Multan’s Hub of Colorful Art and Street Food

By Hina Ali

Why is that nowadays, you will find more of the youth speaking about history on social media and less of them actually making an effort to explore the actual roots that ignite our history. Multan is one of the richest city of Pakistan in terms of art and culture.

The local Sohn-Halwa and Blue-White traditional colorful work on the clay pots – they are what usually define Multan. But, Multan is much more than just that. It has colorful art and even more colorful variety of food.

We went down to Multan Art Council and the surrounding areas over the last weekend. Read on to know all about food and history at play!

Multan Art Council

We visited Multan Art Council. Formed under the statutory provisions of the PUCAR (Punjab Council of Arts), it has the honour of organizing 1st Sufi Festival 2006, exhibiting sculptures of Sadiq Ali Shehzad, organizing international Women Day 2009, Textile Fashion shows 2011, Japanese Calendar Show, Fine Arts Classes, Lok Mela, Saraiki Adab Festival 2015, Mango Festivals and much more. Which is why to see what colors Multan beholds nowhere is better than this.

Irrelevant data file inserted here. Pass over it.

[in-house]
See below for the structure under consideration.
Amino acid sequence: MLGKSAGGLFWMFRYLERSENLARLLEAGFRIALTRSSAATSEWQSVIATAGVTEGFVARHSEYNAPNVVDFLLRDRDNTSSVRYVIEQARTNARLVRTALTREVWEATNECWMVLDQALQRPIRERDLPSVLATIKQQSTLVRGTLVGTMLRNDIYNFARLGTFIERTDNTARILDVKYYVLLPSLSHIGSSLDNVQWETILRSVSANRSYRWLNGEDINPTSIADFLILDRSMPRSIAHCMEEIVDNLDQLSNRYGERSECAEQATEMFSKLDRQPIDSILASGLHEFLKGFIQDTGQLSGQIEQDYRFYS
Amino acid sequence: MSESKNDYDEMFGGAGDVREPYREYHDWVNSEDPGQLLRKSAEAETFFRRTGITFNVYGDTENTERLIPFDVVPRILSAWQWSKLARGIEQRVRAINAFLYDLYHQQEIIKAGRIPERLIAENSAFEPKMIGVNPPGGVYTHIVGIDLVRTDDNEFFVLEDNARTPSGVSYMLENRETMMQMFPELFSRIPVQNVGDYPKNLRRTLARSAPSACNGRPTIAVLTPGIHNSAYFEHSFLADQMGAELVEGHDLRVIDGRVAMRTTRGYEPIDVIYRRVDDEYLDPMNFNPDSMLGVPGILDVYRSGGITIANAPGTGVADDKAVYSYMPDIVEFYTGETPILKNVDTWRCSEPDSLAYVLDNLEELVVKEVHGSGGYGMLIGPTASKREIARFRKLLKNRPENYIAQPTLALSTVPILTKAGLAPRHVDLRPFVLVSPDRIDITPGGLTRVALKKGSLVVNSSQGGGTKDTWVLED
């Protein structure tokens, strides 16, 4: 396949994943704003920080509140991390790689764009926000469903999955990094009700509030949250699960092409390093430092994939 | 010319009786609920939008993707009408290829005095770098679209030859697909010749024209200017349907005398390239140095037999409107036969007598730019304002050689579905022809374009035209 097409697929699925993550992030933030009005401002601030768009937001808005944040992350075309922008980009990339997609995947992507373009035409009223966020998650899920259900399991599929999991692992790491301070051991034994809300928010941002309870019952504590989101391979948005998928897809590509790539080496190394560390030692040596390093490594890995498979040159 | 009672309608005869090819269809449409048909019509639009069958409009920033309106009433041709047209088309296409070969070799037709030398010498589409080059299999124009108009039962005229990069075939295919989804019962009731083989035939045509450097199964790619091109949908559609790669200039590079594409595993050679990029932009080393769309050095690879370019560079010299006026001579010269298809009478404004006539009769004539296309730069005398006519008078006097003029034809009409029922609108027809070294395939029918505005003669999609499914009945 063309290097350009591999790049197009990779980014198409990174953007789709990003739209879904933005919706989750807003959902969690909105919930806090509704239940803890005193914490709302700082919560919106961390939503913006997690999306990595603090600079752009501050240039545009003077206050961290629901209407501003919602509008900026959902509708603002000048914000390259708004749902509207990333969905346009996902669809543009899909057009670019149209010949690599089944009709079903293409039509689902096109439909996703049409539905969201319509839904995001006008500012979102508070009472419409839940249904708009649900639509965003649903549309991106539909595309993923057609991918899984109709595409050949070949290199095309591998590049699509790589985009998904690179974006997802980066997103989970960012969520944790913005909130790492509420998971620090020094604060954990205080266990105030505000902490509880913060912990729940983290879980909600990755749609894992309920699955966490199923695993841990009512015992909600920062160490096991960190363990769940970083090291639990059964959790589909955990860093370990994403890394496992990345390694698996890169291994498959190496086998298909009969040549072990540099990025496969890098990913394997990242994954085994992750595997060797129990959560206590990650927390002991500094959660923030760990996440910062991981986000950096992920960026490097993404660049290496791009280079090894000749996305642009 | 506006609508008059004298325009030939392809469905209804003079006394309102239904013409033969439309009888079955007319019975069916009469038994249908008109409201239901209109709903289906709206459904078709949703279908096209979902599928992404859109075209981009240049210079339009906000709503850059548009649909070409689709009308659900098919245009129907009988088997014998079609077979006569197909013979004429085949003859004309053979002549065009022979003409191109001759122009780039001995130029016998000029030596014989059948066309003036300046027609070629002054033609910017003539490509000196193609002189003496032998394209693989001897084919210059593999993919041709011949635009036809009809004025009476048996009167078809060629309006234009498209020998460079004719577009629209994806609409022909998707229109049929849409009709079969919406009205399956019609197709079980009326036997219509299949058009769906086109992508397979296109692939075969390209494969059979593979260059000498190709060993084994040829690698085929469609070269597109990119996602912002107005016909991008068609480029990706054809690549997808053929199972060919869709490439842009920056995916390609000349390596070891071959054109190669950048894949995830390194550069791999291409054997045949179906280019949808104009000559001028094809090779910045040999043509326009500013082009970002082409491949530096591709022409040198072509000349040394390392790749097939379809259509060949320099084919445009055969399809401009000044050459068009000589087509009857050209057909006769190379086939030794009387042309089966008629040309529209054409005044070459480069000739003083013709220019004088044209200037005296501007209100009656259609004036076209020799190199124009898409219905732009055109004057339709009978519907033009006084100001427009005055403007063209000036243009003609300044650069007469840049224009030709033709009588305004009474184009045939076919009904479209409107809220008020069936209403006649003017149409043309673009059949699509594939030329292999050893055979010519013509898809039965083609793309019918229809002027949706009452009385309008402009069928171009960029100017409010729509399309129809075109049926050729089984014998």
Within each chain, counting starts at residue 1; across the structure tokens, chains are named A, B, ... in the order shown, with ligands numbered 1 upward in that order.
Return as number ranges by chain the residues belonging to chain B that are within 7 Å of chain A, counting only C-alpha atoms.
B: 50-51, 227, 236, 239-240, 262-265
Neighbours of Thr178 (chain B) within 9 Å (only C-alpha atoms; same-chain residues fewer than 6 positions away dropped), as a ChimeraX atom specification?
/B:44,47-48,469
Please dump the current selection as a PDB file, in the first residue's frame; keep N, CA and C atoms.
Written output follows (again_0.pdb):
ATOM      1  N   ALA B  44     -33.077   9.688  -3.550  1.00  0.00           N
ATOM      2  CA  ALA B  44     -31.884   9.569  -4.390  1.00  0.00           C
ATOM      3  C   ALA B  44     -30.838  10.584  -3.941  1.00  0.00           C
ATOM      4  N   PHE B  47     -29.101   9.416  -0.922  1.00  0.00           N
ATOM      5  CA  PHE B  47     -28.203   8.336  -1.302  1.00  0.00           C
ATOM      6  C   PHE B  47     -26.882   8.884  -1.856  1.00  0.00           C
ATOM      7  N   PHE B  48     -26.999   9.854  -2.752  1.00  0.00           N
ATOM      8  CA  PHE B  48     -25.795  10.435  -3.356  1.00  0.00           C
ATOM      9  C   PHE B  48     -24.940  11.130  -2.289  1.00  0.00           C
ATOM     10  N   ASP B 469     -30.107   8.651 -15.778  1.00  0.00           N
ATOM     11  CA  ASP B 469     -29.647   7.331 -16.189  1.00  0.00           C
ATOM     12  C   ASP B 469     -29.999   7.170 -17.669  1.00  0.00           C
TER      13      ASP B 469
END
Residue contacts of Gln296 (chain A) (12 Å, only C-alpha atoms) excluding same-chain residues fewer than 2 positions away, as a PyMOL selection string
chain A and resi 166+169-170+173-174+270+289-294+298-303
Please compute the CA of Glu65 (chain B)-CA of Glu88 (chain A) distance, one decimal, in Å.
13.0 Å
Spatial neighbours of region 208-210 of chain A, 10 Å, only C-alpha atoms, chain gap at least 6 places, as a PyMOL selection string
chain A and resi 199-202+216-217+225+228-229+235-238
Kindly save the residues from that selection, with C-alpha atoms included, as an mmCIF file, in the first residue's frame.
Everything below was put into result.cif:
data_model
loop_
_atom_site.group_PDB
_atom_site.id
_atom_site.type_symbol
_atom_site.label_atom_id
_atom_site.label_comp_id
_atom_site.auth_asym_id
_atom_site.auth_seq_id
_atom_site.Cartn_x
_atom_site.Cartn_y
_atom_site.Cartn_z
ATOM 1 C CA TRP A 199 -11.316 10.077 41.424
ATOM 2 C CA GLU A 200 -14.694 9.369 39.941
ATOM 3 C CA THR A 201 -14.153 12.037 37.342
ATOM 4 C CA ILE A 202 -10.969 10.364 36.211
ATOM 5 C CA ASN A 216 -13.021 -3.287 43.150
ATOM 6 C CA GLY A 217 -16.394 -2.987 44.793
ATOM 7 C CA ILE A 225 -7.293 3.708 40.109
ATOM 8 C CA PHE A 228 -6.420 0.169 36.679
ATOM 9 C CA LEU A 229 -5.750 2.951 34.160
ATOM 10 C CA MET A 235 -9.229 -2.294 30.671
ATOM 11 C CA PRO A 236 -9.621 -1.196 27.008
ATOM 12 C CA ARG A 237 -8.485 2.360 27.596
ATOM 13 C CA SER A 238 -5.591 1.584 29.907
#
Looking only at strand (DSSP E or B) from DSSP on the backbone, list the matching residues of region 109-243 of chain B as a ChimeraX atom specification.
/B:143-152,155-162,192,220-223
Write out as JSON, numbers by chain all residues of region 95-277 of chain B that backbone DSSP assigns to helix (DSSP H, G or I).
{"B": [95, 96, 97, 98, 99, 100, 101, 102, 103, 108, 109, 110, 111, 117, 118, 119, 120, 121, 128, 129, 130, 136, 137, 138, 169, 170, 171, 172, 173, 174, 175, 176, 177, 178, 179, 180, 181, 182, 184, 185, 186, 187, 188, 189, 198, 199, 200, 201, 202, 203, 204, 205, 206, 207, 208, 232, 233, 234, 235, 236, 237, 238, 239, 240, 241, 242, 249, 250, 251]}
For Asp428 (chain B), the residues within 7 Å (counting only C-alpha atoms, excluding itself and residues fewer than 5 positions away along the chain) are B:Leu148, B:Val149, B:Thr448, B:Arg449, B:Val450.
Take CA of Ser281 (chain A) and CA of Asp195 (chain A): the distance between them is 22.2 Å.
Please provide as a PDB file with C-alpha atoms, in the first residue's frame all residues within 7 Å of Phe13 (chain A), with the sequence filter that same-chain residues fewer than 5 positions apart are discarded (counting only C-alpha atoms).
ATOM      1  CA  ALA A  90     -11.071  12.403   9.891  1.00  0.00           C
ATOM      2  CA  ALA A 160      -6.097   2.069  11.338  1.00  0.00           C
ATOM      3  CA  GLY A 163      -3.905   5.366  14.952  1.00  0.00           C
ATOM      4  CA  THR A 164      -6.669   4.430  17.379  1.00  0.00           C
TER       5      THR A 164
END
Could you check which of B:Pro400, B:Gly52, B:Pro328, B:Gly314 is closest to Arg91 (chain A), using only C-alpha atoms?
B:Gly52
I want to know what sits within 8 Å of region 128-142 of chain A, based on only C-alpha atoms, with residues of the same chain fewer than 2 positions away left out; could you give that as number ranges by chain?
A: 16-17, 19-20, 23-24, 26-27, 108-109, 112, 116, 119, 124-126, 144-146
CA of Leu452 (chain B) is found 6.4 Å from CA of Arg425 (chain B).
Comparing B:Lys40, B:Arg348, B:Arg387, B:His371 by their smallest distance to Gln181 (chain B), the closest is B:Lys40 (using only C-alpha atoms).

What we got to see:

Live hand-painting 

Statues of compassion

Painting, statues, live blue-White artwork on the clay pots, and youth paying heed to what was being explained by the guide. Each and everything there had an aura of our culture.

Foodies got hungry:

Just like the Multan Art Council is the hub of the colorful art of Multan, the street next to its building is the hub of Multan’s street food. So we got to dive into:

Spicy Fish

Crispy hot and ready to be devoured

Notable spicy fish of “Molvi fish corner”. It was up to the mark, marinated with an array of spices with a balance of soft and crispy outer. We loved how they served the fish in the clay pots.

Falooda

You won’t say “Falooda tohh sirf Lahore ka.” after this. Our sweet tooth craving was satisfied by two variations of faloodas. Right in front of Multan Art Council is a stall ‘Shahid ka Special Multani falooda’ from where we devoured:

The Milk falooda: We thought it would be full of dry fruits and cream but it was a simple one but tasted quite good. We loved every bit. The double-Rabri “tikii” at the top of the bowl was to die for.

The ice falooda:  Crushed ice, various syrups,  topped with nuts, mini gulab jaman or rasgulla, and Melted berfi was out of the world.

If you do find yourself in Multan don’t miss out on the street food here, there are a lot of flavors to explore and colors to dive into.

A girl whose first and last love is food. She is on a mission to taste each and everything edible around her.